Increased hepatic fatty acid polyunsaturation precedes ectopic lipid deposition in the liver in adaptation to high-fat diets in mice
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We monitored hepatic lipid content (HLC) and fatty acid (FA) composition in the context of enhanced lipid handling induced by a metabolic high-fat diet (HFD) challenge and fasting.
Materials and methods
Mice received a control diet (10% of kilocalories from fat, N = 14) or an HFD (45% or 60% of kilocalories from fat, N = 10 and N = 16, respectively) for 26 weeks. A subset of five mice receiving an HFD (60% of kilocalories from fat) were switched to the control diet for the final 7 weeks. At nine time points, magnetic resonance spectroscopy was performed in vivo at 14.1 T, interleaved with glucose tolerance tests.
Glucose intolerance promptly developed with the HFD, followed by a progressive increase of fasting insulin level, simultaneously with that of HLC. These metabolic defects were normalized by dietary reversal. HFD feeding immediately increased polyunsaturation of hepatic FA, before lipid accumulation. Fasting-induced changes in hepatic lipids (increased HLC and FA polyunsaturation, decreased FA monounsaturation) in control-diet-fed mice were not completely reproduced in HFD-fed mice, not even after dietary reversal.
A similar adaptation of hepatic lipids to both fasting and an HFD suggests common mechanisms of lipid trafficking from adipose tissue to the liver. Altered hepatic lipid handling with fasting indicates imperfect metabolic recovery from HFD exposure.
KeywordsInsulin resistance Liver Nuclear Magnetic Resonance Nutrition Obesity Polyunsaturated fat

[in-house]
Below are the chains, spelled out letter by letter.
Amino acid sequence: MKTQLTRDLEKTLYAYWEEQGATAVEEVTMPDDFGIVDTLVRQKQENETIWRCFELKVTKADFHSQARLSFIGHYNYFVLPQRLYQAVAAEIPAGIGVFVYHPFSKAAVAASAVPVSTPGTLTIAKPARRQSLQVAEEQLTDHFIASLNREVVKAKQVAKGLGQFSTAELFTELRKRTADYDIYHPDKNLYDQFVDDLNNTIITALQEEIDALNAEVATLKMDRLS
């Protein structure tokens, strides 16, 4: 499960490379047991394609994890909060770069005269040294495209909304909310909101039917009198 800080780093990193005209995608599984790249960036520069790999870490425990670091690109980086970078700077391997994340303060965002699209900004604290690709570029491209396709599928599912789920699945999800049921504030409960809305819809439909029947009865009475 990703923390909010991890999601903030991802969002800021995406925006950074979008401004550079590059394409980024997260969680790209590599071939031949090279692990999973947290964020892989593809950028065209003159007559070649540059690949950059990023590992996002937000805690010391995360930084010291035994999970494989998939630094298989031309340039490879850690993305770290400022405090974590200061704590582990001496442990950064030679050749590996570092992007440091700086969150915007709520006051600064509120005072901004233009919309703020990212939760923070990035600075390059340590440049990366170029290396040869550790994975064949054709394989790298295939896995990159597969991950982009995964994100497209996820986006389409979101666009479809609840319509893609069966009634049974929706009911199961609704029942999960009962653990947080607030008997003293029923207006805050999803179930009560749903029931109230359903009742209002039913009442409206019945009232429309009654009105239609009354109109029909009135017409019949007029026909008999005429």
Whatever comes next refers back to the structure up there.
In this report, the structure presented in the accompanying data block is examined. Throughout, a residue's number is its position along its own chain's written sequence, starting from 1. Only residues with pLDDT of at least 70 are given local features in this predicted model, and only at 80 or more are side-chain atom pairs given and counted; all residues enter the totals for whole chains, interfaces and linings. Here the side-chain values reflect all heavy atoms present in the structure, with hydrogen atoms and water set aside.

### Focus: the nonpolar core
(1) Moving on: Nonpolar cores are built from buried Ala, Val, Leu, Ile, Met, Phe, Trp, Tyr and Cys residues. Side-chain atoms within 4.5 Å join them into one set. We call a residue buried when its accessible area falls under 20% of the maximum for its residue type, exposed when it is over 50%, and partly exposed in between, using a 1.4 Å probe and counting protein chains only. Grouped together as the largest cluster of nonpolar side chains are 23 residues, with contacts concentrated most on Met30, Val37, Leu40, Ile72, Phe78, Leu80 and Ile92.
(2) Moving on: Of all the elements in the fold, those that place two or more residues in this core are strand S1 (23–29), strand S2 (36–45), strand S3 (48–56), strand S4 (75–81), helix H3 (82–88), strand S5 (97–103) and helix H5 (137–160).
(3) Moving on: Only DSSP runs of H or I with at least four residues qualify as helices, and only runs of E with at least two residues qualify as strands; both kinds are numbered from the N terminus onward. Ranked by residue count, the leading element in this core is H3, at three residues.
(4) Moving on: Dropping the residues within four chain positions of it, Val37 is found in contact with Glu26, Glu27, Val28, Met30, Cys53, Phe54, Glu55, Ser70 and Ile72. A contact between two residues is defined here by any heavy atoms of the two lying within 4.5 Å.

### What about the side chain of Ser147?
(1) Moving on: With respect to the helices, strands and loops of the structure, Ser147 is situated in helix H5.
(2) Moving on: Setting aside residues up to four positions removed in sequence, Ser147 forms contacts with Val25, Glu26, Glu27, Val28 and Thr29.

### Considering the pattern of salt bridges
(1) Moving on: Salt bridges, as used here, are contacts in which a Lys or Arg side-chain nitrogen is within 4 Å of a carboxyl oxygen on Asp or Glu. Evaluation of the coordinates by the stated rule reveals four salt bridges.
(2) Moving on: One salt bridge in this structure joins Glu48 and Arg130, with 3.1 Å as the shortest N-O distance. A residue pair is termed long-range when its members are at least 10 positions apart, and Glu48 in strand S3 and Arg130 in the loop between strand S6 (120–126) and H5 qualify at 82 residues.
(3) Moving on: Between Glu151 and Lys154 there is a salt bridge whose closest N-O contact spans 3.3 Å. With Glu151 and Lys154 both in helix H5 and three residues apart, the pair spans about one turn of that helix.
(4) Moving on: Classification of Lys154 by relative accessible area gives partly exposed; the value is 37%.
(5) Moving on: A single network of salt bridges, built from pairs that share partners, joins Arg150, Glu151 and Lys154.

This work received financial support from the Swiss National Science Foundation (grant 148250 to JMND), the Centre d’Imagerie BioMédicale of the University of Lausanne, the University of Geneva, the University Hospital of Geneva, the University Hospital of Lausanne, the École Polythenique Fédérale de Lausanne, the Leenaards Foundation, and the Louis-Jeantet Foundation. The authors are grateful to Blanca Lizarbe for her help with animal monitoring. The authors are also grateful to Anne-Catherine Clerc and Analina da Silva for technical support.
AFS designed the study, performed liver magnetic resonance spectroscopy experiments, collected, analyzed, and interpreted data, and drafted the manuscript. JMND designed the study, edited the manuscript, and contributed to the discussion. RG edited the manuscript and contributed to the discussion.
Compliance with ethical standards
Conflict of interest
The authors declare that they have no competing interests.
All procedures performed in studies involving animals were in accordance with the ethical standards of the institution or practice at which the studies were conducted.
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